On a recent grocery shopping trip, I had two content kiddos (for once) and decided to do some long-overdue price comparison. It’s been a while since we’ve purchase certain products from the store – primarily meat & dairy products – so I was curious how we matched up against things like conventional milk, organic milk, and yogurt.
While we don’t use money to pay for our milk (just blood, sweat & tears), we did purchase raw milk from another farm before we started milking at our place. We watch the commodity prices for milk (farmers are paid by the hundredweight, not by the gallon) and obviously we aren’t immune from production cost changes like the cost of hay, grain and replacement cows.
Still, we are removed enough because we sell all our products direct to consumer. That means we keep 100% of every food dollar spent unlike conventional commodity producers who, on average, keep 4 cents of every dollar spent. In general, economies of scale can help these farmers reduce costs to an extent, but the majority of the lost revenue is paid in tax dollars through the form of various subsidies.
This is the biggest reason food prices can seem so much lower than buying directly from a farmer. Most small farmers don’t qualify for the subsidies because they do not operate in a commodity/wholesale marketplace. Their growing practices are also in stark contrast to what is recommended by the USDA and its associated funds. Large-scale farms also have more access to cheap labor in the form of undocumented workers which allows them to keep labor costs low, while small farmers generally only employ themselves, some family members and/or strive to provide modest but living wages to their workers.
Back to my recent grocery store trip. Food prices are rising! Organic has always fetched a market premium but conventional prices are creeping up, as well. At our local Meijer (generally considered one of the cheaper grocery stores) conventional milk is $3/gallon and organic is $6.90/gallon – just 10 cents cheaper than our raw grassfed milk! Costs for milk by the half gallon is quite a bit more expensive: $3.70 for Meijer Organic & $4.70 for Horizon Organic, compared to our $3.50 per half gallon.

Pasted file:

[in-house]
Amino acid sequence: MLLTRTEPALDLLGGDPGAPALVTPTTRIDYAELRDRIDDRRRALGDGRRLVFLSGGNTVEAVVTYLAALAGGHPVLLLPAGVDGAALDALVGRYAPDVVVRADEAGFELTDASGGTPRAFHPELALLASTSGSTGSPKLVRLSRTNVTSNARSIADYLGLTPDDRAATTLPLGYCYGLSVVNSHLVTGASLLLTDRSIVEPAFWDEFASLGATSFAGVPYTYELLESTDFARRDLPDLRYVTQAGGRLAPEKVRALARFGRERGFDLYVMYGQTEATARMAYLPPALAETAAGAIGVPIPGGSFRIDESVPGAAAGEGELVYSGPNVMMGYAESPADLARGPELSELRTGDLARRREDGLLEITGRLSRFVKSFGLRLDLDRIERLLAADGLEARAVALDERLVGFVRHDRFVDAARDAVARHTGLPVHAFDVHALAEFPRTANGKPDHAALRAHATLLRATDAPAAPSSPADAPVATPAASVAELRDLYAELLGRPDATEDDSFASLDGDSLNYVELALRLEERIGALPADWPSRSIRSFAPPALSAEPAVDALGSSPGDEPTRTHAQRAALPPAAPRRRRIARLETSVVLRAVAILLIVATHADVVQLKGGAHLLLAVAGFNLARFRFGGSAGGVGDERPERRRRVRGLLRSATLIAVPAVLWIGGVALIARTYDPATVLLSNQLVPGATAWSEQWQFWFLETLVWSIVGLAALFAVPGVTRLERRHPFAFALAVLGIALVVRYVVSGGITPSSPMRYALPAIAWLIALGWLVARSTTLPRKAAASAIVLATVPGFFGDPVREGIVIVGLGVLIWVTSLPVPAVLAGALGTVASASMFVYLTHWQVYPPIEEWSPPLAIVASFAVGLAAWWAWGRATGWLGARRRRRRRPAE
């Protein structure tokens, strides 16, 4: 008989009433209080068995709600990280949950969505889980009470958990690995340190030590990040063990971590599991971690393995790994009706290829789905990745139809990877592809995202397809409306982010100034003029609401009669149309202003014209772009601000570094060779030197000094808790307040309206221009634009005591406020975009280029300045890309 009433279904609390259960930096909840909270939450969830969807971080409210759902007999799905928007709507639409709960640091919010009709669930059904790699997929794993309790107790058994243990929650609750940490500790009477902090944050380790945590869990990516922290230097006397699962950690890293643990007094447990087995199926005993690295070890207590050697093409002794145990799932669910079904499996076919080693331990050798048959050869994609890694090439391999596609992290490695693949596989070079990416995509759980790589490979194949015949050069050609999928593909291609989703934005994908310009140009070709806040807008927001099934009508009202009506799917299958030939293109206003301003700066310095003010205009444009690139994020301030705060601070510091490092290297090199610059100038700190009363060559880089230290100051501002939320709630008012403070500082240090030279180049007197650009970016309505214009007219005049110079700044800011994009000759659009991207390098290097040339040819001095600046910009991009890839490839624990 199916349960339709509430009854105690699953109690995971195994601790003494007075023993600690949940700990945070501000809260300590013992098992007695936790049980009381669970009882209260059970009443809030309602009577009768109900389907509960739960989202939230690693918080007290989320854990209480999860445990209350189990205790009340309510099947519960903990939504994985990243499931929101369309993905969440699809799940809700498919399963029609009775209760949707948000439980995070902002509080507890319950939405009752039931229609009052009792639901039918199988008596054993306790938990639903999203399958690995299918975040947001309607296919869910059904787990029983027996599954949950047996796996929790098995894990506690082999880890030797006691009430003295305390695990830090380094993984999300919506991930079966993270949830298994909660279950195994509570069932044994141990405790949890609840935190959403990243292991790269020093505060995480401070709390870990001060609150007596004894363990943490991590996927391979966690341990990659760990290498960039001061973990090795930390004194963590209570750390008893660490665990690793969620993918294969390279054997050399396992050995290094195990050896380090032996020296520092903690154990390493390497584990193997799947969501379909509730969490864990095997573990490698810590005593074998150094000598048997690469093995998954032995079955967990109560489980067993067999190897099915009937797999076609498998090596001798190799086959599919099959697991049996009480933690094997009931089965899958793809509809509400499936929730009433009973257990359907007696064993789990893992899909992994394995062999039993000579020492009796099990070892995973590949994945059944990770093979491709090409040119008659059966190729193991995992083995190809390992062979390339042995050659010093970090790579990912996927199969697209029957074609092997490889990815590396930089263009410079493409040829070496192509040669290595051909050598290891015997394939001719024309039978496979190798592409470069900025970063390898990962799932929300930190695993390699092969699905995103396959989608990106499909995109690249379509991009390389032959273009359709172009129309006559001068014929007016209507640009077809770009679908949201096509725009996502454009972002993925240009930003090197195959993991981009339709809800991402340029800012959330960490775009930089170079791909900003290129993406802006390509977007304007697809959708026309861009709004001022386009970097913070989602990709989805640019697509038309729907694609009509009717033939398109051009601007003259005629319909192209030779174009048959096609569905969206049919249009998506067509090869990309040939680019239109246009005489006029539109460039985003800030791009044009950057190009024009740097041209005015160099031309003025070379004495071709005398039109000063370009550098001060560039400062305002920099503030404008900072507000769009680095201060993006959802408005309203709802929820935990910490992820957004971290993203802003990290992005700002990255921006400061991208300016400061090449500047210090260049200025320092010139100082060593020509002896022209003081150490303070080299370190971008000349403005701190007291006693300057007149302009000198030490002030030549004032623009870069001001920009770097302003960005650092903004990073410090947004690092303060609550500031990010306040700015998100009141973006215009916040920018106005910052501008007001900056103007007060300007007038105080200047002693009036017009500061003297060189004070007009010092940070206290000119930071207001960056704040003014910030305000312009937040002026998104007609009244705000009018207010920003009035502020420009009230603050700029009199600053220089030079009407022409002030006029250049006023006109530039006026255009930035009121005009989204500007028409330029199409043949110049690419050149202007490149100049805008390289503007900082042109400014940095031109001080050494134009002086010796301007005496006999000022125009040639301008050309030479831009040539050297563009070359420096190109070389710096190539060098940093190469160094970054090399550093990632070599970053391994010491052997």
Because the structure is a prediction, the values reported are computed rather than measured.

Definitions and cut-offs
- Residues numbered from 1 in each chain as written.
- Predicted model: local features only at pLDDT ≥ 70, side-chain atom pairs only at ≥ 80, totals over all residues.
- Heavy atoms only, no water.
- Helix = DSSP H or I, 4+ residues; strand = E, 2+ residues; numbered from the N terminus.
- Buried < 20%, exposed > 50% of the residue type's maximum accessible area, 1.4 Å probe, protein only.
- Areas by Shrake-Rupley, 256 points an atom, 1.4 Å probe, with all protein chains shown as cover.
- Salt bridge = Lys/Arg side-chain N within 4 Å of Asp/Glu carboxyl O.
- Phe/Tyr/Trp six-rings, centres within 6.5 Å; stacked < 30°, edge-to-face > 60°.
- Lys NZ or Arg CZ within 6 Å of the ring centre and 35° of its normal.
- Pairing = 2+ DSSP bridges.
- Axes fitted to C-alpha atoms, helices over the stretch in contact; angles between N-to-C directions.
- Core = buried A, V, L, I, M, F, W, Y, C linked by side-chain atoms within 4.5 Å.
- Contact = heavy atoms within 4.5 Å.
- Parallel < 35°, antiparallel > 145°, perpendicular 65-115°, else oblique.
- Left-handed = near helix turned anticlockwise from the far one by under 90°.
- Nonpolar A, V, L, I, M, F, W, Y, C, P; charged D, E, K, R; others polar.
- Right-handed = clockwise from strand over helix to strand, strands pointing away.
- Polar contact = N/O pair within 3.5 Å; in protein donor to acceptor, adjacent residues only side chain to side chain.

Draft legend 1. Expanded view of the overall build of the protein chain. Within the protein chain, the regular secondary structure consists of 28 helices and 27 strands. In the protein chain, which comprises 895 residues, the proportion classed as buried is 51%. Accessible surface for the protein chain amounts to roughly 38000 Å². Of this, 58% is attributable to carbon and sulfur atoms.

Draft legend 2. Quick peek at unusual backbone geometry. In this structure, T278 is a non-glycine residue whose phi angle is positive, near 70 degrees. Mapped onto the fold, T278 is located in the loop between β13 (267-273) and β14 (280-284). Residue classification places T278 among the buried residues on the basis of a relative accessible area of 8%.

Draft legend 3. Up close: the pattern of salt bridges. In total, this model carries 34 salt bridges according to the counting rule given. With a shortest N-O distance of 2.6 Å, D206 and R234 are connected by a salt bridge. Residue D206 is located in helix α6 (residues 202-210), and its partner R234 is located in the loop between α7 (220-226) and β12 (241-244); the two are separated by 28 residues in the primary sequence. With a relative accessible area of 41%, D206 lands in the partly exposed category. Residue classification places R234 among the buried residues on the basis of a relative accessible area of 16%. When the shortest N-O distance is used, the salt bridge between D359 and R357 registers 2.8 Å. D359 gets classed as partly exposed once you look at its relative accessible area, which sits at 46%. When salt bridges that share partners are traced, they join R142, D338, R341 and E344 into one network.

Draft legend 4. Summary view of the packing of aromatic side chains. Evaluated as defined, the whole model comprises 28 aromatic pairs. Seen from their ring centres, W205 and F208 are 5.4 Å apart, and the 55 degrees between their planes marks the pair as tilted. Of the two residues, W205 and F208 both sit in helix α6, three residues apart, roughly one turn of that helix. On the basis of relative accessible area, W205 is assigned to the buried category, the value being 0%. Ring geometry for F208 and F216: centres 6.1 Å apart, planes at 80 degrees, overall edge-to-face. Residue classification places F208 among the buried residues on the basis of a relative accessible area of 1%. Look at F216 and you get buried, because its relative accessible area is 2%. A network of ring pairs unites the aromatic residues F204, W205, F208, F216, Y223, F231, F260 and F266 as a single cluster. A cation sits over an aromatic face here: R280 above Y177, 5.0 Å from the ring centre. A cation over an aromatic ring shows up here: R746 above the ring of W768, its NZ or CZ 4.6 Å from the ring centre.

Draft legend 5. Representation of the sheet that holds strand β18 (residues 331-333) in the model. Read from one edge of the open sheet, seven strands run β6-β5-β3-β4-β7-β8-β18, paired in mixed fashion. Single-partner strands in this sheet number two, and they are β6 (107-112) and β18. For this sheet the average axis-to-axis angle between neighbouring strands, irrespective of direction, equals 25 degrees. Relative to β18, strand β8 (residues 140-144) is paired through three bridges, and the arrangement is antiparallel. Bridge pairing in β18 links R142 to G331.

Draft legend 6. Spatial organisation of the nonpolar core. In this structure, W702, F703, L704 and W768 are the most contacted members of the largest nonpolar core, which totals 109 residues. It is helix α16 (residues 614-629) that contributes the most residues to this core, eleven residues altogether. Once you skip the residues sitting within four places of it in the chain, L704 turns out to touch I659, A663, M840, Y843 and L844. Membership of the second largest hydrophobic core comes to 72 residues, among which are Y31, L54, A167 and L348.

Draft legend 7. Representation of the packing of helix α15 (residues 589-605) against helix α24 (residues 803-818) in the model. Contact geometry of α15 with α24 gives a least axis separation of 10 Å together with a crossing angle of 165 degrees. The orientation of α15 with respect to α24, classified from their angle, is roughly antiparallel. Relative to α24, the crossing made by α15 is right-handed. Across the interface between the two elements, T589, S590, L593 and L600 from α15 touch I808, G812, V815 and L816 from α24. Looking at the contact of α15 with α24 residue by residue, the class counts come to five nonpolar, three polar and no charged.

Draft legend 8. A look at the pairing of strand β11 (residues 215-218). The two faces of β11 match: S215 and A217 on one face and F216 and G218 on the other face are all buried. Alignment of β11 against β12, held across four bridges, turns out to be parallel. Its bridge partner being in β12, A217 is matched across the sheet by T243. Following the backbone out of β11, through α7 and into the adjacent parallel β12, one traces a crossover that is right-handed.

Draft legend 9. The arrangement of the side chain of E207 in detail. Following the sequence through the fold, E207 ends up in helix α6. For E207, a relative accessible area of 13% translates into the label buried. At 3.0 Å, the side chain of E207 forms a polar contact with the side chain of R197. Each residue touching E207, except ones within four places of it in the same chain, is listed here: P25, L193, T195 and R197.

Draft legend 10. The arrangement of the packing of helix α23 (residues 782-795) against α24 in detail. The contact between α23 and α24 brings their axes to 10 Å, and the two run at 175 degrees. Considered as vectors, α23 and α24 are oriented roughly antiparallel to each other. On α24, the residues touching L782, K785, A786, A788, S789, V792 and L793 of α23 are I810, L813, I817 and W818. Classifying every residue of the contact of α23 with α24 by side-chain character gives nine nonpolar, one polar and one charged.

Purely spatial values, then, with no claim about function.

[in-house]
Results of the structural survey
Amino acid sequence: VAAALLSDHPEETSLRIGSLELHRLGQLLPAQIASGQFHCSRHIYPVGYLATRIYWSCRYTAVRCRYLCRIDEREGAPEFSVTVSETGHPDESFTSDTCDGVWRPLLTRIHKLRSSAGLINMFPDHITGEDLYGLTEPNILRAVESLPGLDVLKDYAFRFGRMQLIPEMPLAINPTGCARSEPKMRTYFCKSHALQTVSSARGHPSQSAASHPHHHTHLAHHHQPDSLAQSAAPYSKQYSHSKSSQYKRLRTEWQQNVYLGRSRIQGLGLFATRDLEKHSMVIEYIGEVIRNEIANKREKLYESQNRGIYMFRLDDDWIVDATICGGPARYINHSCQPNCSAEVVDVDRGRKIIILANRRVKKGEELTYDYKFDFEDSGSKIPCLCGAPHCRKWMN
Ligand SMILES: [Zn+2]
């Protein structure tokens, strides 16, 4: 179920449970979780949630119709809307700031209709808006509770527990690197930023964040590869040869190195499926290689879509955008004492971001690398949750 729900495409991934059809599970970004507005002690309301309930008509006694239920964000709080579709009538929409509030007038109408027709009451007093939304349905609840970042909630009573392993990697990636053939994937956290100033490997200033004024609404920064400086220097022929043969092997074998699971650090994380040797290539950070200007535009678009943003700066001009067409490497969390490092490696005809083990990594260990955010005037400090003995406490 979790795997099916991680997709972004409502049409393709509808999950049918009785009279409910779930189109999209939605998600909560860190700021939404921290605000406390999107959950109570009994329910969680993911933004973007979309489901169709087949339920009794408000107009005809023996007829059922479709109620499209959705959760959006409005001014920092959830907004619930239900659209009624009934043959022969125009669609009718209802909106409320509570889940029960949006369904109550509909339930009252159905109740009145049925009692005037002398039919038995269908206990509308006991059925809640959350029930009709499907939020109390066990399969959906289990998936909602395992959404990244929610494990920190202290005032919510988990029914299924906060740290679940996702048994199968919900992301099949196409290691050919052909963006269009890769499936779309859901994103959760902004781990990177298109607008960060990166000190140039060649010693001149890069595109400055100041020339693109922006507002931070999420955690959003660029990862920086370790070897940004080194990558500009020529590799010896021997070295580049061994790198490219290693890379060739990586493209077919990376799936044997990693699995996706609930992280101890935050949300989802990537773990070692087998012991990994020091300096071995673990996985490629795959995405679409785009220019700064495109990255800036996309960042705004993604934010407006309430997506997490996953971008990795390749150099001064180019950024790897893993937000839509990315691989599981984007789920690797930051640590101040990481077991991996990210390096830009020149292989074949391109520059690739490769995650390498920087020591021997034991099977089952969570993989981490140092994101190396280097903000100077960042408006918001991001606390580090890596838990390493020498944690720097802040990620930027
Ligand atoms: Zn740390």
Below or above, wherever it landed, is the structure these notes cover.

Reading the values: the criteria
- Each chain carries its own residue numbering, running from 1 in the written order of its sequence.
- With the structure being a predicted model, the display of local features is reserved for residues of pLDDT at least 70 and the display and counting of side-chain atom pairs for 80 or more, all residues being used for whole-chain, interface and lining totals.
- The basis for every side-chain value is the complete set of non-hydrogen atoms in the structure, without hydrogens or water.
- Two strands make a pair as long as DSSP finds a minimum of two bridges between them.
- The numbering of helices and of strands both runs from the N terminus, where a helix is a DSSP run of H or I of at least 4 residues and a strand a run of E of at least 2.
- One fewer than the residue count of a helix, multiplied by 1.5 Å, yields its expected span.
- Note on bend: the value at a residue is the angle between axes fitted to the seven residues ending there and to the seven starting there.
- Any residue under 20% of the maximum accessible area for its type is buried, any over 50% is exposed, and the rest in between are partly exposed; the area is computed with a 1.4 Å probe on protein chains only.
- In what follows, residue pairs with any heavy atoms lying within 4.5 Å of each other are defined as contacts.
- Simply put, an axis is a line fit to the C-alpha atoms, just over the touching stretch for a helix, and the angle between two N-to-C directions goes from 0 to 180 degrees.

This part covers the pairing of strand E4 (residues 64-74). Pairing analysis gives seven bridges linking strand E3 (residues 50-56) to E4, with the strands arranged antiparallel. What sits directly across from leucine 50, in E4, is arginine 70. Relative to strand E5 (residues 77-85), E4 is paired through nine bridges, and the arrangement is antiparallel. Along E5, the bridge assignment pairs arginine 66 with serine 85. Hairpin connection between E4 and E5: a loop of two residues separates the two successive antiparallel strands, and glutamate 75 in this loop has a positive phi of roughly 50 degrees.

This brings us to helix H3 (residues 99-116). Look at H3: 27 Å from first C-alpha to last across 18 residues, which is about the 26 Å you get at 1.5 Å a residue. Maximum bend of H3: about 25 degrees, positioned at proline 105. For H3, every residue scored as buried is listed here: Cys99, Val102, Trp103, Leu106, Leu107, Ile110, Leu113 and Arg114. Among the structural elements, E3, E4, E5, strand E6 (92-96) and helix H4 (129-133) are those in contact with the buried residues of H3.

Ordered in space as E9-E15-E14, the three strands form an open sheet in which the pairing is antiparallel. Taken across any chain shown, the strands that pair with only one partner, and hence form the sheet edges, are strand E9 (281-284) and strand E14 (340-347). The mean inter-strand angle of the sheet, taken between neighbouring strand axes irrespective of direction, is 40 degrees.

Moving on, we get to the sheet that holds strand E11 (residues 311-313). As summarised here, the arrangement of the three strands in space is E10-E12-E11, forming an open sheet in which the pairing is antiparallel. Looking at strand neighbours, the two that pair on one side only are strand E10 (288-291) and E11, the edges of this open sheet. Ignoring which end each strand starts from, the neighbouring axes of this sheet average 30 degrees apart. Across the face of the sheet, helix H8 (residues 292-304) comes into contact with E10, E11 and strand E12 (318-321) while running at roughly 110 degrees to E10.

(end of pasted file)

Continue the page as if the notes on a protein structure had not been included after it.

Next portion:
What really surprised me, though, were the yogurt prices! Yogurt has a one-to-one conversion from milk to finished product, meaning nothing is lost as waste in the process, unlike when cheese or butter are made. With our raw milk at $7/gallon, a quart of yogurt costs me $1.75. Conventional yogurt at our Meijer was, at the cheapest, $2.70/quart, and organic was $4/quart. By making my yogurt at home, I was shocked to see that I save us roughly $1-$2.25 per quart. Considering our family consumes around 6 quarts (1.5 gallons) of yogurt a week, that’s a cost savings of $6-$13.50 per week!
Greek yogurt was even more expensive – we love a slightly thicker, creamer style of yogurt but conventional Greek yogurts costs $5/quart and organic was $6.50/quart at the store. That means if I strain my yogurt using a cheesecloth bag to make it Greek-style (shown in photo at right), I’m saving $3.25 – $4.75 per quart ($19.50 – $28.50 per week)! Greek yogurt does give you the “waste” by-product of whey, which can be used for fermented drinks and in various recipes.
I remember when we first began buying local, whole foods and the common feeling of “sticker shock” compared to the conventional grocery store prices. I think the more we bought and/or produced our food (meat, veggies, fruit) in bulk and seasonally the more we saw the true cost savings. It can start with small, simple things like buying & freezing berries during the peak production season to maximize taste and quality and minimize cost. Or, buying bulk tomatoes and making batches of tomato sauce for the entire year. Bigger steps like buying half a pig, a quarter beef, or enough chickens for the entire year may take more cost and time to work towards.
I was pleasantly reminded that making my own yogurt from raw milk, even at $7/gallon, is still very cost effective for our family! We love hearing all the creative ways our customers are working their budget to include local foods & farmers so let us know what you do!
We have lots of pullet eggs available for $2.00/dozen on the farm and with your weekly milk delivery! Pullet eggs are the first eggs young hens start laying and are about 3/4 sized. They are still 100% non-GMO and free-range!
We also still have some extra pasture-raised chickens available for June, July & August – $4/bird deposit and $3.75/lb. 5 bird minimum per family.